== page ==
In this honours seminar, we will be examining the British perception of India, what they called the jewel of the crown. When India became a colony, Britain had extremely high hopes that they could colonize, govern, civilize and industrialize what they found to be a rather "backwards" country. However, India, just like all nations, is fractious, complex, and has deep history. The colonization of India had an immense effect on the culture of Britain, from fashion to art to literature. In this course, we shall examine works of literature written by the British on the subject of India. The course will be split into two halves: the first term will focus on novels written during colonization, with one written after, but set chronologically first, and the second half will look exclusively at Paul Scott's Raj Quartet, a large and complex work about the end of the British Raj that rewrites Forster's A Passage to India.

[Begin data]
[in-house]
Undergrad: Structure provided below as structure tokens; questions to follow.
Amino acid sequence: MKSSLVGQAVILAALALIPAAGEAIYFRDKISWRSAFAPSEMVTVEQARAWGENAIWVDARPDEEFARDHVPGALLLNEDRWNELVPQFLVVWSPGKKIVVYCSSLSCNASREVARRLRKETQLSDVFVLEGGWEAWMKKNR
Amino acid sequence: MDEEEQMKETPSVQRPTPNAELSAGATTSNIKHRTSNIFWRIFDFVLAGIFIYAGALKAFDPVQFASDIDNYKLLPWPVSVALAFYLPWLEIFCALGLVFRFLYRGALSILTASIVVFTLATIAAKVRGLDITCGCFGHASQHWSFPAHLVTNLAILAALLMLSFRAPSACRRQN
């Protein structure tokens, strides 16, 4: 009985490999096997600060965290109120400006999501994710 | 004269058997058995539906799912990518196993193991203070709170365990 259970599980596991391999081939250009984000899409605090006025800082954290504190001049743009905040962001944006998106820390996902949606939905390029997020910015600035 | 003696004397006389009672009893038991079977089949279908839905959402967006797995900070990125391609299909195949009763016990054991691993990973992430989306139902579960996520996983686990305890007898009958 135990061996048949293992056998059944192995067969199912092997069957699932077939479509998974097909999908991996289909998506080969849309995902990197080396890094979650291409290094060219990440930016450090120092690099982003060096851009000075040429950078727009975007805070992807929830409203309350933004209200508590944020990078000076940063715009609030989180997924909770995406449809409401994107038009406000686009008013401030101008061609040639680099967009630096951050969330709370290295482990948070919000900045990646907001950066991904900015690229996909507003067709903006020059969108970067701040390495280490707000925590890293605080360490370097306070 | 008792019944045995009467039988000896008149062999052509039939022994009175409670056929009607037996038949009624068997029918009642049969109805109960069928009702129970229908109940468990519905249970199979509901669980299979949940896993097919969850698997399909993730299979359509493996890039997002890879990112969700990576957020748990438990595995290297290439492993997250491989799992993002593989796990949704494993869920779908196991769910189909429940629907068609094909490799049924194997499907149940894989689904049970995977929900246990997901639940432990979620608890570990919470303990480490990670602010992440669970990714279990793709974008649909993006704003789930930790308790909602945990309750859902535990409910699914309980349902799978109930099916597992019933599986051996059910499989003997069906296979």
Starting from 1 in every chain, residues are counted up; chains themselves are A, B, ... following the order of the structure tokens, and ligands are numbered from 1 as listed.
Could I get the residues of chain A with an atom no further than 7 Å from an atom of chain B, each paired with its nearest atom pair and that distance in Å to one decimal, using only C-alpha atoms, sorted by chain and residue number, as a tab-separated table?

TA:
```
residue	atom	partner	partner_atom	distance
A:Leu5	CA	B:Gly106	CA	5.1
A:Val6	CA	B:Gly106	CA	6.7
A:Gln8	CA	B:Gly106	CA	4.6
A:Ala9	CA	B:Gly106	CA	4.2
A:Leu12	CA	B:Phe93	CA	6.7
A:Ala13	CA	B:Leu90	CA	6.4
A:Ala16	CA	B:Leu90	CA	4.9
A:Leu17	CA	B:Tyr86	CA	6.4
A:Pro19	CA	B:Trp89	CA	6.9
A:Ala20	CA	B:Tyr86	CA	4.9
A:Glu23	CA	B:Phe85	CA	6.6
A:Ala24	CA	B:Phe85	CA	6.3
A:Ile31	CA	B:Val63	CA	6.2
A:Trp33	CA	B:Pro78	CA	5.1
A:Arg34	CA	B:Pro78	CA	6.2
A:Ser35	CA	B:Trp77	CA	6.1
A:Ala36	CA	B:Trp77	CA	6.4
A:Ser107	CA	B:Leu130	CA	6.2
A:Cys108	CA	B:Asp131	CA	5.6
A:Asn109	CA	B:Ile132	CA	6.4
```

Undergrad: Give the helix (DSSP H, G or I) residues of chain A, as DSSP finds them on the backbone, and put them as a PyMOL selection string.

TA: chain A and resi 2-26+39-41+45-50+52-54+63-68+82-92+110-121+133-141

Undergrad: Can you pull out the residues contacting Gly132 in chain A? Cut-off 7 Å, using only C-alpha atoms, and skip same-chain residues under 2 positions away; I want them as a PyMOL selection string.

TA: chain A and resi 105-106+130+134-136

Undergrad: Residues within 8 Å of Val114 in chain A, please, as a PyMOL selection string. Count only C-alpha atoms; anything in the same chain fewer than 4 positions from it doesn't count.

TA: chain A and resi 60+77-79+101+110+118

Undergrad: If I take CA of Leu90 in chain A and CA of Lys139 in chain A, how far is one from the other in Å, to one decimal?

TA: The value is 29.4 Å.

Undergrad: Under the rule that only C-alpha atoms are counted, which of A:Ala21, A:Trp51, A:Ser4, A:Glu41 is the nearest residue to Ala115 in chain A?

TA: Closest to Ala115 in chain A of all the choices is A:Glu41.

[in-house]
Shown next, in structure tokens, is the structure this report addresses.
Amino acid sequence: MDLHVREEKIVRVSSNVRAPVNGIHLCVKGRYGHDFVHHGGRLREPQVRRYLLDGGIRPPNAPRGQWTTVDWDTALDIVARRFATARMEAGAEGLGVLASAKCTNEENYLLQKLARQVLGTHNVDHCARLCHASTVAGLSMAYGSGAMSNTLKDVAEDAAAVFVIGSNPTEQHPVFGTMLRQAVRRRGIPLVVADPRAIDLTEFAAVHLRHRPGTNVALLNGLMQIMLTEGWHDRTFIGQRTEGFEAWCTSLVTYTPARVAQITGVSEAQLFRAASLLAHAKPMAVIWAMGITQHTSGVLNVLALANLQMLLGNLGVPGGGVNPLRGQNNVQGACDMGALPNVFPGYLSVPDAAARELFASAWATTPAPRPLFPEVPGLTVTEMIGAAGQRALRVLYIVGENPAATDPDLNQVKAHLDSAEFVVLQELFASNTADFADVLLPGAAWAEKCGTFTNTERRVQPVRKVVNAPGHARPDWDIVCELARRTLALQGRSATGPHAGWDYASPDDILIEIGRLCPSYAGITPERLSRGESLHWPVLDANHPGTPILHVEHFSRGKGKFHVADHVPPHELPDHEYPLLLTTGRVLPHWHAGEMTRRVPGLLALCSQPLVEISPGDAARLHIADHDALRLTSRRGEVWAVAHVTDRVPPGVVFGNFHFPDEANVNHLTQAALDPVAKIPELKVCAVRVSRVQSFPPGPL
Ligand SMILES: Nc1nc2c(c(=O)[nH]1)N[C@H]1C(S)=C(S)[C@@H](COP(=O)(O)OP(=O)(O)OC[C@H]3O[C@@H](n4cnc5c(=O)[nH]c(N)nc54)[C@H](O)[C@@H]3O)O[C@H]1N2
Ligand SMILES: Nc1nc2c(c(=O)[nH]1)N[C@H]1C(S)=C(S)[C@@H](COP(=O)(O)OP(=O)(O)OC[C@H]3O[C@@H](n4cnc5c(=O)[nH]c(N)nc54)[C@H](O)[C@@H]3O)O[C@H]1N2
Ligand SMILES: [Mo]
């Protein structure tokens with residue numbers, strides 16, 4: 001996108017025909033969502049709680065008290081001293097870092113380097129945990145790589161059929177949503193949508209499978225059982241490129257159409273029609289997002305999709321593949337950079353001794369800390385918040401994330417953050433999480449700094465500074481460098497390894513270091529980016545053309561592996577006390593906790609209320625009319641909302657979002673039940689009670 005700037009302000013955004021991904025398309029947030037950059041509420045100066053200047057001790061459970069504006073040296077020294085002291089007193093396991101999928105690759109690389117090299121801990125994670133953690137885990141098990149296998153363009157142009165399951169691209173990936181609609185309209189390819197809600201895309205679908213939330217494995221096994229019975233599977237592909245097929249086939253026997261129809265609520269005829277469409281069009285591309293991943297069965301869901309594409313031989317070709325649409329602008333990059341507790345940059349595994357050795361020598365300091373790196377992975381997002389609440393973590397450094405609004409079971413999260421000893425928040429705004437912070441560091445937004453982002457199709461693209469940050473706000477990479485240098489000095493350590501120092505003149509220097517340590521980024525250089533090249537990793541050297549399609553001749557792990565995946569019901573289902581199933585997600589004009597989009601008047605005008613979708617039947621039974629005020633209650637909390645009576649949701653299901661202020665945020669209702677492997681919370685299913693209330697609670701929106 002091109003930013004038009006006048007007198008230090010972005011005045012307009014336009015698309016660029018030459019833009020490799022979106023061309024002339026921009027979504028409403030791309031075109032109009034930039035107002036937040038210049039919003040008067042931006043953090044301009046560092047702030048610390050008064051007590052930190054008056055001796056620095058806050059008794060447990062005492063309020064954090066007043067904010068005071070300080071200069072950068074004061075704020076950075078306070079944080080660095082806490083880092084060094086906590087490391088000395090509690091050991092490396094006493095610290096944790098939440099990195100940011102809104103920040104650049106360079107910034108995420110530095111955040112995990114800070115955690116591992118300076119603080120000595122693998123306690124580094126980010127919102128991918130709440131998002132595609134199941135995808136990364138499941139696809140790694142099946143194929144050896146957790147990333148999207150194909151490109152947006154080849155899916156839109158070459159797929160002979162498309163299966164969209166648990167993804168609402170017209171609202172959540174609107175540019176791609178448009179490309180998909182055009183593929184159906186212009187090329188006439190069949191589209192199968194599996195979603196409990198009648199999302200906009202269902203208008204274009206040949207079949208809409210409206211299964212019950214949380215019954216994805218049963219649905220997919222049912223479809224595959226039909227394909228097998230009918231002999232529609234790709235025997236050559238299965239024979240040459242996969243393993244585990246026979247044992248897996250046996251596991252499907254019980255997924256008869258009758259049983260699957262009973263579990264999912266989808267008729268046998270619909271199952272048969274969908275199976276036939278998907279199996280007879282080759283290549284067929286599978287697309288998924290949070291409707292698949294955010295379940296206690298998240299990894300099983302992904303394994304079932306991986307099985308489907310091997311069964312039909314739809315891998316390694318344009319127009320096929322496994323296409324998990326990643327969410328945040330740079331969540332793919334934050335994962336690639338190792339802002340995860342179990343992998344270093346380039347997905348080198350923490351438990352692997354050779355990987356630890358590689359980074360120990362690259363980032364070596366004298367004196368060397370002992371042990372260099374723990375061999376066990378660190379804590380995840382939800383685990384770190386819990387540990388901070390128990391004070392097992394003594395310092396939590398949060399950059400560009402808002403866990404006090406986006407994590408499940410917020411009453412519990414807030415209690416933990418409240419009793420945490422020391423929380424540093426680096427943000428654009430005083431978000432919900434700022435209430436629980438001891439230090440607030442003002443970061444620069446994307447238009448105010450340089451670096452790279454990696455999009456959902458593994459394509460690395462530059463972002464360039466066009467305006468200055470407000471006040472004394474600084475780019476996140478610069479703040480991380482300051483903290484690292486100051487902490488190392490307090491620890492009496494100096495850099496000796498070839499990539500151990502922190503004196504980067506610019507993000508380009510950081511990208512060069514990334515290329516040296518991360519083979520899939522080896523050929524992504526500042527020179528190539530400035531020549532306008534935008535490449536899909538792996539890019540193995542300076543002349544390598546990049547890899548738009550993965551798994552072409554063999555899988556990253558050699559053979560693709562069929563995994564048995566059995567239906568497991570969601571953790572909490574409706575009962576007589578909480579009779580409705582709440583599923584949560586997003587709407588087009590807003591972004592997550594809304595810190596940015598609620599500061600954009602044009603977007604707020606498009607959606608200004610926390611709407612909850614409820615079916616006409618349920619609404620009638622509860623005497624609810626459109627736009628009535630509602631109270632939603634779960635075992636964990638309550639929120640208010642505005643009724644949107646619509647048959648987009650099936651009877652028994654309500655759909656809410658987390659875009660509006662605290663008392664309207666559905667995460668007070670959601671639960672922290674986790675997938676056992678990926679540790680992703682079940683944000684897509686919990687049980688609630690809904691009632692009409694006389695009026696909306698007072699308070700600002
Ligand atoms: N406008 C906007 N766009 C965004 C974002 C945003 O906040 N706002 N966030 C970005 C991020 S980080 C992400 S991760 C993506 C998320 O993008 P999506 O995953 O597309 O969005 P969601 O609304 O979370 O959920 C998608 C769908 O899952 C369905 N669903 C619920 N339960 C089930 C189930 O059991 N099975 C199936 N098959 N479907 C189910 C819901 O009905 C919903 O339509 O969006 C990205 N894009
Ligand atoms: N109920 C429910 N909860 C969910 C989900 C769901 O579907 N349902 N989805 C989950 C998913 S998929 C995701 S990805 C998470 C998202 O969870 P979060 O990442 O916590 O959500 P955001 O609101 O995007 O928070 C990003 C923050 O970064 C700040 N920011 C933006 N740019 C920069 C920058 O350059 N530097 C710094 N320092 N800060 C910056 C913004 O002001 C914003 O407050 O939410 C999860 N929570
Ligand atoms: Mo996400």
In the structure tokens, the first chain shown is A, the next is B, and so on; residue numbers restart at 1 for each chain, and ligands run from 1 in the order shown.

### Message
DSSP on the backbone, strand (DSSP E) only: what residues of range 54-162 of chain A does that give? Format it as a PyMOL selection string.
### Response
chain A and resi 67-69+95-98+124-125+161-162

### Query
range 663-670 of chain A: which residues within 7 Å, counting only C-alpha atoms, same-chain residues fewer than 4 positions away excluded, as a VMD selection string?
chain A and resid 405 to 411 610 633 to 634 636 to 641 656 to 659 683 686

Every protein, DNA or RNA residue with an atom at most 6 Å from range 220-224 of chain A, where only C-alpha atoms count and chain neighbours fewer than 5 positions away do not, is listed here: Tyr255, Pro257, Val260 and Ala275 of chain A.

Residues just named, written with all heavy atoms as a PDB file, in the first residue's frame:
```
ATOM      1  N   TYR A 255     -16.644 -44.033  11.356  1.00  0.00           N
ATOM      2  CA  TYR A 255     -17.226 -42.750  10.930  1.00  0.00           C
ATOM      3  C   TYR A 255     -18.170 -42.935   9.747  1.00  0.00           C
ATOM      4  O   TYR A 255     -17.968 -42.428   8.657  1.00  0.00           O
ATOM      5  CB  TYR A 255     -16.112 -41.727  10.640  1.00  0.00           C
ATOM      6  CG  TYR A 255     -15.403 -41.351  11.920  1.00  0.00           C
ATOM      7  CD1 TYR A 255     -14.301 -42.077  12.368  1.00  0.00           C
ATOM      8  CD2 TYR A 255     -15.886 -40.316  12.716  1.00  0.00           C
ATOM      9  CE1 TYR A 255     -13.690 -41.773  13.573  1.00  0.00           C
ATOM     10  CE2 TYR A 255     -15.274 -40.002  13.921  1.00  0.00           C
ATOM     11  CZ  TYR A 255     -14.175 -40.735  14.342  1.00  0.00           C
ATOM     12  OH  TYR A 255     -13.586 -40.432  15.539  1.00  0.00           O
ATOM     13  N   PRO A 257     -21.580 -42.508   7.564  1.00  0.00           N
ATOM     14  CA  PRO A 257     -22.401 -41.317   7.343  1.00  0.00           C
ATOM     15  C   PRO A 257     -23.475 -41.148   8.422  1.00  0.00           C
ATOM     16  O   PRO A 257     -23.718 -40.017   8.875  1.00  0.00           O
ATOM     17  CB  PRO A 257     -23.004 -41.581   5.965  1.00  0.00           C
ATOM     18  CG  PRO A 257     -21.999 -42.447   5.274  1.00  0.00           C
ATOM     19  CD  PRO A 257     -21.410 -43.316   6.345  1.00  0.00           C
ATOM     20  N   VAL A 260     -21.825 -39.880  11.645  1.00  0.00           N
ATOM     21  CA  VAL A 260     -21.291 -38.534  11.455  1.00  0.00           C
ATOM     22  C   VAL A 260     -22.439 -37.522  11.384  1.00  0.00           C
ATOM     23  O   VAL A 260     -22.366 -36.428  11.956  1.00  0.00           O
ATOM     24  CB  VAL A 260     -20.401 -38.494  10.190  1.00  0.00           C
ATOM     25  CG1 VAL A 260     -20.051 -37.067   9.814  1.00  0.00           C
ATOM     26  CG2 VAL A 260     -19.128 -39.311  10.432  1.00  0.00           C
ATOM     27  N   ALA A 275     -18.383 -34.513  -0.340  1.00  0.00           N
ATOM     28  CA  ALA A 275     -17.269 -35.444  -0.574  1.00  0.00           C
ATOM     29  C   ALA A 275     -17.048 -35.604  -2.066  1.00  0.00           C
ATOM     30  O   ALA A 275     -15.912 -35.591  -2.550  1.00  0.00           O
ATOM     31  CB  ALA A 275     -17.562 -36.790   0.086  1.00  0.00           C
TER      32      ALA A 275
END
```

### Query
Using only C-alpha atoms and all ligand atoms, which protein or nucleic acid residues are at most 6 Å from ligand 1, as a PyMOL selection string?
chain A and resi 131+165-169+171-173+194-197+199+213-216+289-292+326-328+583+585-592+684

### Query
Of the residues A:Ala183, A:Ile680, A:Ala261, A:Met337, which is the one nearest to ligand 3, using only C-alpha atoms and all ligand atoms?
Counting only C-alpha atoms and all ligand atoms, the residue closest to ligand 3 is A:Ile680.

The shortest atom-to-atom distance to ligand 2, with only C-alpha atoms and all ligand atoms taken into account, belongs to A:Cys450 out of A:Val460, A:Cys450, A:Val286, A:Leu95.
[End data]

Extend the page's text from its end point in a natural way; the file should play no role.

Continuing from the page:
Confessions of a Thug by Philip Meadows Taylor
"The Man Who Would Be King" by Rudyard Kipling
Kim by Rudyard Kipling
A Passage to India by E M Forster
The Siege of Krishnapur by J G Farrell
The Jewel of the Crown
The Day of the Scorpion
The Towers of Silence
A Division of the Spoils
Staying On (time permitting)
In the first term, select films will be screened. Student attendance is mandatory for screenings.
Gandhi. Dir Richard Attenborough. 1982.
The Deceivers. Dir Nicholas Meyers. 1988.
Certain articles will be on e-reserve and in hard copy at the library. Students are responsible for their own copies of the articles.
Close Reading 1 (750 words) - 10%
Term Essay 1 (1500-2000 words) - 15%
Close Reading 2 (750 words) - 10%
Term Essay 2 (2000-2500 words) - 25%
Participation and attendance - 10%
Final Exam - 30%
[This is the second in a series of hypothetical syllabuses that I have created for when I eventually teach.]